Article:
Since the election, media in Canada has given great focus to the Liberal Party promise to resettle 25,000 Syrian refugees in our country by the end of the year. It is an enormous challenge of logistics and will. It is also a promise that carries with it controversy and an element of fear. Is it too much, too soon? Does it not leave Canada open to terrorist infiltration? Are these people suitable to join the Canadian family?
Not so long ago similar fears and doubts surrounded the admission of Latin Americans to Canada, particularly people fleeing the Cold War conflicts in Chile, Argentina, Uruguay, El Salvador, Nicaragua, and Guatemala. During the 1970s and 80s, the fear of leftist infiltration affected Canada’s admission policy, just as the spectre of radical Islam colours it today. We know now that those fears were groundless, and that the people who came to Canada fleeing state-sponsored terrorism posed no threat to the nation and its citizens. Most overcame the traumas of torture, dislocation and rejection to become vibrant members of Canadian society. The country is a richer place for their presence.
The success of newly-arrived Latin Americans in Canada depended on their own talents, abilities and drive to establish new lives in a foreign setting, but they did not make this journey alone. Other residents of Canada, citizens and non-citizens alike, gave their time and contributed what resources they could to help newcomers from Latin America feel less alone and less vulnerable. All levels of government played their roles, but so too did non-governmental actors and groups all across the country. Whether it was providing orientation, interpretation, translation, or simply giving new neighbours a bag of toys for their children, ordinary people in communities tried to help their fellow human beings feel welcome in their new homes. It is in moments like these that we see the best of what we can be.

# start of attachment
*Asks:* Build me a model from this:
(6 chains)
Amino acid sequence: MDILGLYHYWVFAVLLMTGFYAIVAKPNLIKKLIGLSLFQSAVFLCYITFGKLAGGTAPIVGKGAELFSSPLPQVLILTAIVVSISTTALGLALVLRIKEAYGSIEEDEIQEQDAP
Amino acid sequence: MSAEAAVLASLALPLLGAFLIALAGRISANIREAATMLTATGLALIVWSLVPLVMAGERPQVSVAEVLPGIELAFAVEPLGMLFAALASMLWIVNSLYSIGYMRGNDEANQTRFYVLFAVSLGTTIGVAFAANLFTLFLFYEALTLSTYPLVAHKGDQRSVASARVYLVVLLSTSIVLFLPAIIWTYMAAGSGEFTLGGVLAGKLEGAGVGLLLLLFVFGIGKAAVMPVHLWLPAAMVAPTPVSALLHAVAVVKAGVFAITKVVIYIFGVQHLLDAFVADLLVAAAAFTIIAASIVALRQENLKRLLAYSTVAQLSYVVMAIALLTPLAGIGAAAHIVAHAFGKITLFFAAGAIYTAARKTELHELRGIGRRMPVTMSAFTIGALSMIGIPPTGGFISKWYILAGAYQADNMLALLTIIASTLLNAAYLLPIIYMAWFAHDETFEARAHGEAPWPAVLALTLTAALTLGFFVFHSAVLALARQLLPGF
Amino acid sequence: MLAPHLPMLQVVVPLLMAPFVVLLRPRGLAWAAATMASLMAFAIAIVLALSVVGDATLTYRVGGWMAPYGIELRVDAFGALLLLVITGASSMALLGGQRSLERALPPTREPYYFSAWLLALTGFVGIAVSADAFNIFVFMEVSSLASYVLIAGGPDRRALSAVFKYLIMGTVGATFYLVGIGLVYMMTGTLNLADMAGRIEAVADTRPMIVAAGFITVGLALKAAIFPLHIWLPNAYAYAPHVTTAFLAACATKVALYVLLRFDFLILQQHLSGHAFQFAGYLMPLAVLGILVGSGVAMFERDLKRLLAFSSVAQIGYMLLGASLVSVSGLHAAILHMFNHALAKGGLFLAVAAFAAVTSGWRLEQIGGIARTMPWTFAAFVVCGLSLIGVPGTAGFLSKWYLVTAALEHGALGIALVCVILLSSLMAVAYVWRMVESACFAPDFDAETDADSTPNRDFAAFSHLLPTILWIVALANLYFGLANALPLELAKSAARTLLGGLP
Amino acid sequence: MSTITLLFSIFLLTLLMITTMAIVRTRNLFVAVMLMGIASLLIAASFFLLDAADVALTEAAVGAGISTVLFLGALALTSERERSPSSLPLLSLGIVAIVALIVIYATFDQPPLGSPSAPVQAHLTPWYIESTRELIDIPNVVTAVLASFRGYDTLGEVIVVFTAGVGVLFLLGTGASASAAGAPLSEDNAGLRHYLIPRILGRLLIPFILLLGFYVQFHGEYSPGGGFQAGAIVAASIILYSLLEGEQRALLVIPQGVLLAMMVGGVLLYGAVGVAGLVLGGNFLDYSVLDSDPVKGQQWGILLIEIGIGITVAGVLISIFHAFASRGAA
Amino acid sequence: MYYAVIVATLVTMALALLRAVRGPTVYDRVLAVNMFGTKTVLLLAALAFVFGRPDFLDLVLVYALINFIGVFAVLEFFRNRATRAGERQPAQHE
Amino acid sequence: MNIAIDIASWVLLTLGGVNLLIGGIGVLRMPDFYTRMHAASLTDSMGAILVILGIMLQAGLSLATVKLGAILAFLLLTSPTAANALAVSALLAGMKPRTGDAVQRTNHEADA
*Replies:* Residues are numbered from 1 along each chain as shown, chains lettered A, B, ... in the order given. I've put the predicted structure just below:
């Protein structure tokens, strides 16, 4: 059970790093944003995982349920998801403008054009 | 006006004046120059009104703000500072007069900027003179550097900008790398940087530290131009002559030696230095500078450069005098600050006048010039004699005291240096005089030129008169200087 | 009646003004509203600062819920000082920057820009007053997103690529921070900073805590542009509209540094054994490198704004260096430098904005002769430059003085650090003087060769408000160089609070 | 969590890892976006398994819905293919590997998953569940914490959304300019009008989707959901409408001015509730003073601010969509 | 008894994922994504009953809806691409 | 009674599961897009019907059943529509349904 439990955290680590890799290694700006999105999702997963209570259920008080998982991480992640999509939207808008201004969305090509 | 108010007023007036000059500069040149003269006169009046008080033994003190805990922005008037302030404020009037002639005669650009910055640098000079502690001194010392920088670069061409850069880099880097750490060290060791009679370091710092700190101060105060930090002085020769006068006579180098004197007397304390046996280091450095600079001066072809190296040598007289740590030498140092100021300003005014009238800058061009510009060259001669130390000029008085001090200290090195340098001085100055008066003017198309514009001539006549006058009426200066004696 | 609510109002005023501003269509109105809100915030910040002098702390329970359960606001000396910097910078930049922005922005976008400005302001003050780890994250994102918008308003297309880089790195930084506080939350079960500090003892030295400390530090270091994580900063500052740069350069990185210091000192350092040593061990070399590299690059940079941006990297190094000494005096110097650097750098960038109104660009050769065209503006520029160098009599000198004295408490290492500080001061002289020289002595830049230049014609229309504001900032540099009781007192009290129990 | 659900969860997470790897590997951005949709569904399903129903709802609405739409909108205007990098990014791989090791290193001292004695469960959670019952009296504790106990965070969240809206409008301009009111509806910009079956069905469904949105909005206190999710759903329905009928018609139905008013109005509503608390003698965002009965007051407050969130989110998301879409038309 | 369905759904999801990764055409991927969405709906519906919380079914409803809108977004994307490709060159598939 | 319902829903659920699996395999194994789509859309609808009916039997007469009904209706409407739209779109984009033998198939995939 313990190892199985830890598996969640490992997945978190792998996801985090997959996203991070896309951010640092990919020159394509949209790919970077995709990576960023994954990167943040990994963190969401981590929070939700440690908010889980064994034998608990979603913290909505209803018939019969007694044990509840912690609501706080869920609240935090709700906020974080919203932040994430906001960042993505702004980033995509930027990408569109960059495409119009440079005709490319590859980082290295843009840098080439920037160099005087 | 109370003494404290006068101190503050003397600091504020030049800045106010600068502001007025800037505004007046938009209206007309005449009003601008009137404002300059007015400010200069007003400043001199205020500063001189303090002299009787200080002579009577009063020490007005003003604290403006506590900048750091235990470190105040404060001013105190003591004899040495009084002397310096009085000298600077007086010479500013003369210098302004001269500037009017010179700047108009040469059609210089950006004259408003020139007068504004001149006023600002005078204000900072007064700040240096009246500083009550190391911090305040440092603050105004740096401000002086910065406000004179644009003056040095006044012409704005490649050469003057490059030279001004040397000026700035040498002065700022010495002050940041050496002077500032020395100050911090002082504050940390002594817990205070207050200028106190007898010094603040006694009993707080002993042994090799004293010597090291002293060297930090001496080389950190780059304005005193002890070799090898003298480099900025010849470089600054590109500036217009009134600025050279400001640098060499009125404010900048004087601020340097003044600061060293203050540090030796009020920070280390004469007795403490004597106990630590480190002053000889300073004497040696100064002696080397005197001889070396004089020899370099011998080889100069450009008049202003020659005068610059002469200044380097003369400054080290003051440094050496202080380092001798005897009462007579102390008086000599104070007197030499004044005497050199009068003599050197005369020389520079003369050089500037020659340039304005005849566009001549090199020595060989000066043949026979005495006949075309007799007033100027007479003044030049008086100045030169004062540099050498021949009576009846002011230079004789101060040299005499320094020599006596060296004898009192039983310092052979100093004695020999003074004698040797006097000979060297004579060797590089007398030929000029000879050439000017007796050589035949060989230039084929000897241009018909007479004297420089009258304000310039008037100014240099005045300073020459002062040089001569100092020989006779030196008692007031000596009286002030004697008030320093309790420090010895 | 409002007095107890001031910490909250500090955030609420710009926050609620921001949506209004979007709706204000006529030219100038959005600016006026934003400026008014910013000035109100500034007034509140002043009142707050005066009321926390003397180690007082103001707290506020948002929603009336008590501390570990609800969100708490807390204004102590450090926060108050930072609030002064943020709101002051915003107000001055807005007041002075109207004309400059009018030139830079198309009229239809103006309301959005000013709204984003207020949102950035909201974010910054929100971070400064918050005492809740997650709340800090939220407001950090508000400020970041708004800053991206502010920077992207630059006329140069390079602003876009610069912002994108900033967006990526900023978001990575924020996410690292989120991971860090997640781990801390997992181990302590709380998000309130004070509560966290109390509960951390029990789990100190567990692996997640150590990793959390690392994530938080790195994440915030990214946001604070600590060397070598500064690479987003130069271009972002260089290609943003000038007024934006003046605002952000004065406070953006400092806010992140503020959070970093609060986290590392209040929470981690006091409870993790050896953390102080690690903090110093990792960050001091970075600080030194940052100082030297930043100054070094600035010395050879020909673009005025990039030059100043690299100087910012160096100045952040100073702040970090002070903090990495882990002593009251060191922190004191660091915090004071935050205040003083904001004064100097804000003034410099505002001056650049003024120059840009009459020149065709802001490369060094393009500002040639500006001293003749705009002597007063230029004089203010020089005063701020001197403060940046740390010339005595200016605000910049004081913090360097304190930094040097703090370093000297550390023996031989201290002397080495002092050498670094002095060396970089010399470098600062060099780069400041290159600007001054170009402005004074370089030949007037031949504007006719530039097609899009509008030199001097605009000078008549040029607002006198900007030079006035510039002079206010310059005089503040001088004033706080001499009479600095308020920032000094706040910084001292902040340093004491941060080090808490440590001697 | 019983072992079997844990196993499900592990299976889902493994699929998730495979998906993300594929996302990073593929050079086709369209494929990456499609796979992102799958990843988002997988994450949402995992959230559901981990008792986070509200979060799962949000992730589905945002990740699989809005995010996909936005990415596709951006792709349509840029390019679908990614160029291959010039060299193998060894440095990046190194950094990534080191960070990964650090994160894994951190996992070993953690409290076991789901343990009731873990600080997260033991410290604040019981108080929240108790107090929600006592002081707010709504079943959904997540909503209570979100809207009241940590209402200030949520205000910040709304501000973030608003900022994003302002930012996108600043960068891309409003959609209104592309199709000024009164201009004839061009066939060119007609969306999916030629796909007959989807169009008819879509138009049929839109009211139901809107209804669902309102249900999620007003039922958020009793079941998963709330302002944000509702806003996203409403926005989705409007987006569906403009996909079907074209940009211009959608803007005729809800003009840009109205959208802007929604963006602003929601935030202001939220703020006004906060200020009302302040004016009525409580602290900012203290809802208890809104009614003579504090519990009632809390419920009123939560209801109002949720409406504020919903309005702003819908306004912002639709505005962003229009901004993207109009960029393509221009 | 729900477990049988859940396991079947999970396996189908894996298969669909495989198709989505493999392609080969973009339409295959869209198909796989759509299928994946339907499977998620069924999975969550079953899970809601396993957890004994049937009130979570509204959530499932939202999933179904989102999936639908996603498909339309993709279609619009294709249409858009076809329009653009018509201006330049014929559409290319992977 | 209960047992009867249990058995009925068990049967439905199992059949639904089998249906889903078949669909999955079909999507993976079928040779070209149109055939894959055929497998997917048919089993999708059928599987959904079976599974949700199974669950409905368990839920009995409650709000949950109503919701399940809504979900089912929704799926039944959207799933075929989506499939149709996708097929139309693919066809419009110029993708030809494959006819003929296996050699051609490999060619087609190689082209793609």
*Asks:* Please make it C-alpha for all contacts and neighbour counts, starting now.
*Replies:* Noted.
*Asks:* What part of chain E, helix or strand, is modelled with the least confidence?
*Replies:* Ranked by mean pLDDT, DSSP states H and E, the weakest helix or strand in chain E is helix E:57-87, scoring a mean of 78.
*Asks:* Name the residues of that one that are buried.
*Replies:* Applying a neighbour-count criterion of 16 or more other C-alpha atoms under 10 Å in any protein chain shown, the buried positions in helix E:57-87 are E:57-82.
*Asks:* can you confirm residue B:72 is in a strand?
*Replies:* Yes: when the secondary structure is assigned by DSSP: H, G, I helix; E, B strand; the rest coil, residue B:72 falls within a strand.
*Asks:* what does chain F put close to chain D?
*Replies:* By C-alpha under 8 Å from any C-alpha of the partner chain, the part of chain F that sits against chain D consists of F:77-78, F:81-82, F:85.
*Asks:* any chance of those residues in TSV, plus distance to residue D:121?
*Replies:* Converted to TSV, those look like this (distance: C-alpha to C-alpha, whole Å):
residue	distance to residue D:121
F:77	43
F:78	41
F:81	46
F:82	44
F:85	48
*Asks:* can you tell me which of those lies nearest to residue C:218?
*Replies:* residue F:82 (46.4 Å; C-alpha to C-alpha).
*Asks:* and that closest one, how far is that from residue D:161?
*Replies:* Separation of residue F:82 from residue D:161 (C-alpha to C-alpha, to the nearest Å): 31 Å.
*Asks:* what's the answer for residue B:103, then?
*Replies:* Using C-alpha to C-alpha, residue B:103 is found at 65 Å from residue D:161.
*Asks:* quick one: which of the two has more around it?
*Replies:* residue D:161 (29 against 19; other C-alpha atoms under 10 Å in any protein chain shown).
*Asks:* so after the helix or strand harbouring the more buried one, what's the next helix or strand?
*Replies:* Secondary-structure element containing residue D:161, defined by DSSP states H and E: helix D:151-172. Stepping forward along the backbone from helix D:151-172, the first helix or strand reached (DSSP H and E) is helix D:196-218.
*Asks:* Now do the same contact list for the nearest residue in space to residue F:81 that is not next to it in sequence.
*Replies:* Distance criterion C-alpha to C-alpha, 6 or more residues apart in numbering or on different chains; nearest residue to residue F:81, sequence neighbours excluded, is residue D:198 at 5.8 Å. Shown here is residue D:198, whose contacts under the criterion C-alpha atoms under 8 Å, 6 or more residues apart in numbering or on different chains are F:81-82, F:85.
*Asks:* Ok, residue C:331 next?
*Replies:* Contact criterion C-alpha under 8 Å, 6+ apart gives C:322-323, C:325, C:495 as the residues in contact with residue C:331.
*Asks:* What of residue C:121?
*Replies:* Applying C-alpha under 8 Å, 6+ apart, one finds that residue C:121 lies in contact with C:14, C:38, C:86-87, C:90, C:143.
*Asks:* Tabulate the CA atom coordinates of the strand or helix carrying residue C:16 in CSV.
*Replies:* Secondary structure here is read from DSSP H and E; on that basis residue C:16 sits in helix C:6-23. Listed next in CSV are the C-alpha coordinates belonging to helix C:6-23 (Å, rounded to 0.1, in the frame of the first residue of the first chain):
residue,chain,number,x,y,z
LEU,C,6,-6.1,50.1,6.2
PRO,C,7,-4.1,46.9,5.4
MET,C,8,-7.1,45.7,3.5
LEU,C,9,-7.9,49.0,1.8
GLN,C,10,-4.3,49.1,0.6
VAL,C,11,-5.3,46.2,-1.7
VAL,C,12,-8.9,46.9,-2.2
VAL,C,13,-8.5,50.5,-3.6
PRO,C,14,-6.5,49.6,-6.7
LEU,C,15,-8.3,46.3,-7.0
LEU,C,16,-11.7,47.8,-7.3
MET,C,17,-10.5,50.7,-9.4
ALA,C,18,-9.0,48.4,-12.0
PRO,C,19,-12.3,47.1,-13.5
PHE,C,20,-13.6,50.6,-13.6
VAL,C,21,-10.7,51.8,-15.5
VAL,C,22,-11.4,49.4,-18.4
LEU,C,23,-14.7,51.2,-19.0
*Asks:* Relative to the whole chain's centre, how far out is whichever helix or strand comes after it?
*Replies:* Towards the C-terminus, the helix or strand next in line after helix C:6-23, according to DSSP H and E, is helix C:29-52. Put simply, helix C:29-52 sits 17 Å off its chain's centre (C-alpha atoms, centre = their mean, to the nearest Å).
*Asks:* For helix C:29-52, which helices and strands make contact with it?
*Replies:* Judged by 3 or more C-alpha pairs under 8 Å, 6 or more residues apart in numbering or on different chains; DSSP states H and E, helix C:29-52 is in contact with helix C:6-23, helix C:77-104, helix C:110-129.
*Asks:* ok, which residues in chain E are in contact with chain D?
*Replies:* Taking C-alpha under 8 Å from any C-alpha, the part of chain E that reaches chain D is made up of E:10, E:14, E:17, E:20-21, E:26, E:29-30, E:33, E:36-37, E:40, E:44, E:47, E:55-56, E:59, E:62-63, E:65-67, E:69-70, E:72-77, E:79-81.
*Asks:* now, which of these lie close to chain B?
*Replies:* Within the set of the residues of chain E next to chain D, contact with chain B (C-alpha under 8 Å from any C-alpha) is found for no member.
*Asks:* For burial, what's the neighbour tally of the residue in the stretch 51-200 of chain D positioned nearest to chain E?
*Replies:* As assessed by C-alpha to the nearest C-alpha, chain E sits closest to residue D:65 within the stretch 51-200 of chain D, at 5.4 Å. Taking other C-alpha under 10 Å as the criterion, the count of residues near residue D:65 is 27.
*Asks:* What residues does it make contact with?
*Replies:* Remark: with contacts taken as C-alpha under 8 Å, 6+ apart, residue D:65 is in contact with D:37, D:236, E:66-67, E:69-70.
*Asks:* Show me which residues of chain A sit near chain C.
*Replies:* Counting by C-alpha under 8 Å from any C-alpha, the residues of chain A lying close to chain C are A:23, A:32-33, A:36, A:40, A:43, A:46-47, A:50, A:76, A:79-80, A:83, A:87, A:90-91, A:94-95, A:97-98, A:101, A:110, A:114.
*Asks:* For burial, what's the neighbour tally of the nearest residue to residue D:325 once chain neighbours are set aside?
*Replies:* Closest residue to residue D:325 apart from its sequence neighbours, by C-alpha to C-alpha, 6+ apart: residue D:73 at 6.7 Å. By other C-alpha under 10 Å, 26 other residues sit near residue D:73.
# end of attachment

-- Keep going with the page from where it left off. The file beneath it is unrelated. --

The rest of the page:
Today, I implore those of you who are reading this to do the same for our brothers and sisters from Syria. Their lives have been shattered, their patrimony destroyed, their homes denied them. They will arrive in our country with little to nothing, and many if not most will be suffering in both body and heart. They will be scared and lost. No one person can heal them, but working together, we can help them. Please give your time, support and resources to this effort. There are many groups out there, such as Lifeline Syria , Romero House or the Toronto West End Refugee Partnership, which will help you channel your goodwill into action. Your actions will honour those who helped in the past, and contribute to a brighter future for our new neighbours and friends.
Francis Peddie is a Canadian professor with a doctorate in Latin American history and the author of the book Young, Well-Educated and Adaptable: Chilean Exiles in Ontario and Quebec 1973-2010 (University of Manitoba Press, 2014).